That’s the thing about the show that people really love: you feel like you’re mid-conversation with someone. There’s no need to be caught up. The listener brings in what they know about pop culture, what they’ve heard throughout the week, and you bring in your perspectives on those same issues. It seems like the cursing conversations are an attempt to label what the show is by calling it “offensive” or “brash.”
Crissle West: It’s a way to “other” us.
Exactly, this is “this” type of show.
Crissle West: Yeah: “This is an urban show. This is a show for black people.” That’s definitely a part of it. But it’s because we’re coming into the podcast world, which is still really white. Other than Aisha Tyler, I can’t think of too many other prominent podcasts that feature black hosts.
Kid Fury: The thing about our show is that it’s seriously two friends sitting in a studio and talking and it just so happens that we record it and put it on the Internet every week. That’s it. The one time we tried to be super organized and professional, it didn’t even work. Every single time we’ve done an episode since then we talk the exact same way we talk when we’re not recording anything. In terms of the language, I actually surprise myself a lot of the times when I’m put in settings where I’m not allowed to curse. [Laughs] Because I always thought I’d have trouble with that, but I never really have. The reason we curse so much is not because we love foul language or love being vulgar. It’s just the way we speak. I understand that some people don’t like it. My mother hates it. She won’t watch my YouTube videos, although she’ll sneak and watch them sometimes and will call me and say, “That was so hilarious but I don’t know why you had to curse so much.”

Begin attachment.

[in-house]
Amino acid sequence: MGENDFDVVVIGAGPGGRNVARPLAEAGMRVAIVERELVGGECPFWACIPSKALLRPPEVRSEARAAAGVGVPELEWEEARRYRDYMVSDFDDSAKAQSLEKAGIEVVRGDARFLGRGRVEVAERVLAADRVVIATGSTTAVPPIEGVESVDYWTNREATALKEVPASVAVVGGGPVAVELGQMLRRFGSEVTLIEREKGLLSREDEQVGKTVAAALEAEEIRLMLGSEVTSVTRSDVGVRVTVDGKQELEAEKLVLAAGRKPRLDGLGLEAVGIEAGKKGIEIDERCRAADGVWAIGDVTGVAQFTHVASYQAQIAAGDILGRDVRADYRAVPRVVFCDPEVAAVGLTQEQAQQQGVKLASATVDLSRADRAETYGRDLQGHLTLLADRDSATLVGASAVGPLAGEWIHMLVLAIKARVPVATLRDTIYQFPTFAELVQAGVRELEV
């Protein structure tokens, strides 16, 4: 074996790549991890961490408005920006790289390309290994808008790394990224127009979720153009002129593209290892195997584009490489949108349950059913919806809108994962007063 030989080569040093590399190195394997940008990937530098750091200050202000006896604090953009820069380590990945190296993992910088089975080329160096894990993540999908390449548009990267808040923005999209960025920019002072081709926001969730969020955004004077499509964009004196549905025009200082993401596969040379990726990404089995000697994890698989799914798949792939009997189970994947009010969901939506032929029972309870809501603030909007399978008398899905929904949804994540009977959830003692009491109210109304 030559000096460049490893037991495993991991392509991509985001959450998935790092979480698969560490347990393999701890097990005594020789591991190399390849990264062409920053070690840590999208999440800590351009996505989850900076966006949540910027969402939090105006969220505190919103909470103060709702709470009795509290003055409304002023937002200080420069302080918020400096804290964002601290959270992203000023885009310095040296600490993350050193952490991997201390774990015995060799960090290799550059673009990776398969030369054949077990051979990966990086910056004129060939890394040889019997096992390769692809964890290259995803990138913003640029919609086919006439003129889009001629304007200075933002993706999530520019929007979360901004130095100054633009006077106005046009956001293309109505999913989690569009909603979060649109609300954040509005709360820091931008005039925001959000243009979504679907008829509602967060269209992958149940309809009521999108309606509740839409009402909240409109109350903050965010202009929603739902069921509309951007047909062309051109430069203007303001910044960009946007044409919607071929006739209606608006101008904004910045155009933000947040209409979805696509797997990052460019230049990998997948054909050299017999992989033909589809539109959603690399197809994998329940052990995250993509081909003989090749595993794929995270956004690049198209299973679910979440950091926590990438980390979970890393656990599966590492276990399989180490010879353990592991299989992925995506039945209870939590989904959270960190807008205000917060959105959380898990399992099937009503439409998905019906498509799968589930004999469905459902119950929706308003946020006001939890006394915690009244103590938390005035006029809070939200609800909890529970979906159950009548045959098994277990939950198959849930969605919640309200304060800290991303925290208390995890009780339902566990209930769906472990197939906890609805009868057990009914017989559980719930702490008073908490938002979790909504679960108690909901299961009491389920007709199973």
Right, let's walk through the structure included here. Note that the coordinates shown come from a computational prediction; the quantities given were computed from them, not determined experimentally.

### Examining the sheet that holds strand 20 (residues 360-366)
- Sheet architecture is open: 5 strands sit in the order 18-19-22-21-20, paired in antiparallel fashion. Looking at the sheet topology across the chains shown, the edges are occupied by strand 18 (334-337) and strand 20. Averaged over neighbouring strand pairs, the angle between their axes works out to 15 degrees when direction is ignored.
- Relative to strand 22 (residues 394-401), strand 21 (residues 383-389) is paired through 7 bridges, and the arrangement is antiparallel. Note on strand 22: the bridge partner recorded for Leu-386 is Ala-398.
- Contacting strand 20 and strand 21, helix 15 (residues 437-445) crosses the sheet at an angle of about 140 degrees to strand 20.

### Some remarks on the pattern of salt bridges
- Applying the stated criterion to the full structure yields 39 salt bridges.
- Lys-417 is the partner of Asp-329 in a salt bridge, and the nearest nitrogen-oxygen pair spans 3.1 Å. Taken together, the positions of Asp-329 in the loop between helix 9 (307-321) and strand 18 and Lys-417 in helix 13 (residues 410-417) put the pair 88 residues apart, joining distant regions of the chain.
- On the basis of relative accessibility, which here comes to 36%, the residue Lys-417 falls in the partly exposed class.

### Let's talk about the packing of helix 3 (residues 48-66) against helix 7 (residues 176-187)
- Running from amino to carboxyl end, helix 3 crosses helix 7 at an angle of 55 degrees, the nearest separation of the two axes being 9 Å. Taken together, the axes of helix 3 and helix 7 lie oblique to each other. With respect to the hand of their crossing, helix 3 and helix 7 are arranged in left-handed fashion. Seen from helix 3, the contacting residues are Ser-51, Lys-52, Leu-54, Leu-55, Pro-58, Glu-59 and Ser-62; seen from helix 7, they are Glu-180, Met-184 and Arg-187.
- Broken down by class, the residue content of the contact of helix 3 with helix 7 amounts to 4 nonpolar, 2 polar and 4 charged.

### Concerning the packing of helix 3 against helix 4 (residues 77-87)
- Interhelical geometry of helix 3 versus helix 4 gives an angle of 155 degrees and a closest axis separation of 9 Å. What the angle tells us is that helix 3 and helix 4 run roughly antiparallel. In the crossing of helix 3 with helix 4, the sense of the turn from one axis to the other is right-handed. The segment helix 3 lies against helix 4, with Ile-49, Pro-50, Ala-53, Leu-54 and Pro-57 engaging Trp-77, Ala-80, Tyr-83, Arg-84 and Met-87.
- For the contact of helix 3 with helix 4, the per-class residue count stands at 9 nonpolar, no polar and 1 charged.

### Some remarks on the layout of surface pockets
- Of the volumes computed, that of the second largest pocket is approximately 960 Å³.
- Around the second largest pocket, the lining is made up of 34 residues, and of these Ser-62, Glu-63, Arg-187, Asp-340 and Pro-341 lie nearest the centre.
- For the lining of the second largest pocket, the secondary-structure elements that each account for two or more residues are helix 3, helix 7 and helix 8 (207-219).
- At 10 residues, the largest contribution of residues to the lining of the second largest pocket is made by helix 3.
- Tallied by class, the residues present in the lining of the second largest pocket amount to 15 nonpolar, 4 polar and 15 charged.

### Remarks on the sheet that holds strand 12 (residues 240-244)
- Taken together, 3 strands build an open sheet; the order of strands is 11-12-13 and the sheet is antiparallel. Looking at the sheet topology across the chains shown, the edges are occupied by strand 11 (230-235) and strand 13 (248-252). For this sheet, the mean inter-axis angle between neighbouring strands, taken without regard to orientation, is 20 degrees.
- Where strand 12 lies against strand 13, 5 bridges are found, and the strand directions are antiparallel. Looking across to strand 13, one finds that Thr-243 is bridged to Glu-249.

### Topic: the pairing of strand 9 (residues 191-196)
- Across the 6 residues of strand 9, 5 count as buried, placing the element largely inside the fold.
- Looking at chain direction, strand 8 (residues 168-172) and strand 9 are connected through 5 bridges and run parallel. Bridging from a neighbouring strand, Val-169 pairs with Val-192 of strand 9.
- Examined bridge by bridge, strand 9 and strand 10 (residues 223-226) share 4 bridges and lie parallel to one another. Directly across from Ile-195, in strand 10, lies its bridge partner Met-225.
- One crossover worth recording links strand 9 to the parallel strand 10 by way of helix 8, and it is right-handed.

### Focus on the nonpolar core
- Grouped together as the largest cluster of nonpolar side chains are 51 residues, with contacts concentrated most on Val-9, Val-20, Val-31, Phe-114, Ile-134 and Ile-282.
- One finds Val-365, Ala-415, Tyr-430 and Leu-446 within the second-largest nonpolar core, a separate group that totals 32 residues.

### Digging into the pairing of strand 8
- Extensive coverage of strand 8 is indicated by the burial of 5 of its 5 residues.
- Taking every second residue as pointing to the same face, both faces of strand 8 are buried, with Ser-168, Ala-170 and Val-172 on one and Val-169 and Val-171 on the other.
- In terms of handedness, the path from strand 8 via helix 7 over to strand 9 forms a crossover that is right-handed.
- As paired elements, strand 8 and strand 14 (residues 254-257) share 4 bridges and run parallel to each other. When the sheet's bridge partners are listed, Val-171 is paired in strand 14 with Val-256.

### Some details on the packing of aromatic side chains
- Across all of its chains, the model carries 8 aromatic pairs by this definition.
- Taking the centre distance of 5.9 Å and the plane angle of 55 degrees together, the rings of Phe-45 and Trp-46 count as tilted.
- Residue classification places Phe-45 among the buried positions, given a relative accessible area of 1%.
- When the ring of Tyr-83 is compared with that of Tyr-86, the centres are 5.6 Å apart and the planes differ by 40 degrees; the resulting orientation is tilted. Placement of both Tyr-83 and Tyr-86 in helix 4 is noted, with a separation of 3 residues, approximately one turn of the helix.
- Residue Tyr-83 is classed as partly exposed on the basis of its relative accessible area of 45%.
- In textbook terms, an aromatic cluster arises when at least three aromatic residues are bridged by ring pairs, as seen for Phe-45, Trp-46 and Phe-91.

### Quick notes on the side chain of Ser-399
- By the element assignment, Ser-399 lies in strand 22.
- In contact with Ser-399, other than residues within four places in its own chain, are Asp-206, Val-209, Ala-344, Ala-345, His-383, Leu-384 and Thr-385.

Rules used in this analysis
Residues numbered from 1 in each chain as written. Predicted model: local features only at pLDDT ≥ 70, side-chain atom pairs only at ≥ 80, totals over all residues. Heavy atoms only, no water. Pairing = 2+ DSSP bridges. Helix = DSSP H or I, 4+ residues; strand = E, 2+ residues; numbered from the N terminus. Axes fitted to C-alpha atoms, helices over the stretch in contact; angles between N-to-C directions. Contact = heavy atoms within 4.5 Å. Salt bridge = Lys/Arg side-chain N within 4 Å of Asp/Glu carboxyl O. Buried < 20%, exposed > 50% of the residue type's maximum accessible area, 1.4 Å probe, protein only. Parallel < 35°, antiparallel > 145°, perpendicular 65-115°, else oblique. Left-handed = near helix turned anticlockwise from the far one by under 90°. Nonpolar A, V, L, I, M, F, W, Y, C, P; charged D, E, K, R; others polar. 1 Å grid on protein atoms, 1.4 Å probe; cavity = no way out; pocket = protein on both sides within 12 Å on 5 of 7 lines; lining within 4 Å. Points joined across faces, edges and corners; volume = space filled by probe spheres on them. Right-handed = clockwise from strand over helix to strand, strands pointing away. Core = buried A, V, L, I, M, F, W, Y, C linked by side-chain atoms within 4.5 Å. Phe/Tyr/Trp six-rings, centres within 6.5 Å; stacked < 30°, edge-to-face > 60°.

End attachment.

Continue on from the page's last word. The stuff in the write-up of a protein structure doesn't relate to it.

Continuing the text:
You’ve said in past interviews that growing up you felt othered or outcast. What do you make of your success now? Do you still feel that way?
Kid Fury: It’s like a big middle finger to high school. [Laughs]
Crissle West: I don’t feel outcast or othered anymore because I grew out of that. I think part of becoming an adult is realizing that it’s important to live your life for yourself and not worry about what other people are doing or what other people’s goal or priorities are for their lives. And not to copy that over to your own situation. To sort of develop your own voice and your own dream and go for that. So I’ve been comfortable with myself for a while now. The success of the show doesn’t make me feel vindictive like, “Screw you guys, I’ve finally made it.” It’s more, “I’m doing me” — which is so Drake of me. [Laughs] I’m living my life on my own terms, doing what I want to do. And this is the way it turned out.
Kid Fury: It took me a while to get there, and I think I’m still working on it. I was bullied a lot in middle school and in high school, and it put me in a place where I would just shield myself from everyone except family. But even then, they didn’t understand what I was going through being young and trying to figure out my sexuality and why everyone hated me for it. I felt like I was in a bubble, and finally, the last year of high school, I realized that everyone who was picking on me for something that I couldn’t control was just ignorant. I think that was the time I found my voice and started to use it. Maybe even as a form of rebellion, I’m not sure. But now that I’m in this place where there are more people listening to me and paying more attention to what I have to say, it’s kind of awkward because I’m not used to people. I’m not used to different types of personalities because I’ve sheltered myself from people for so long. I’m in this adjustment period now where I’m trying to figure out how to deal with that.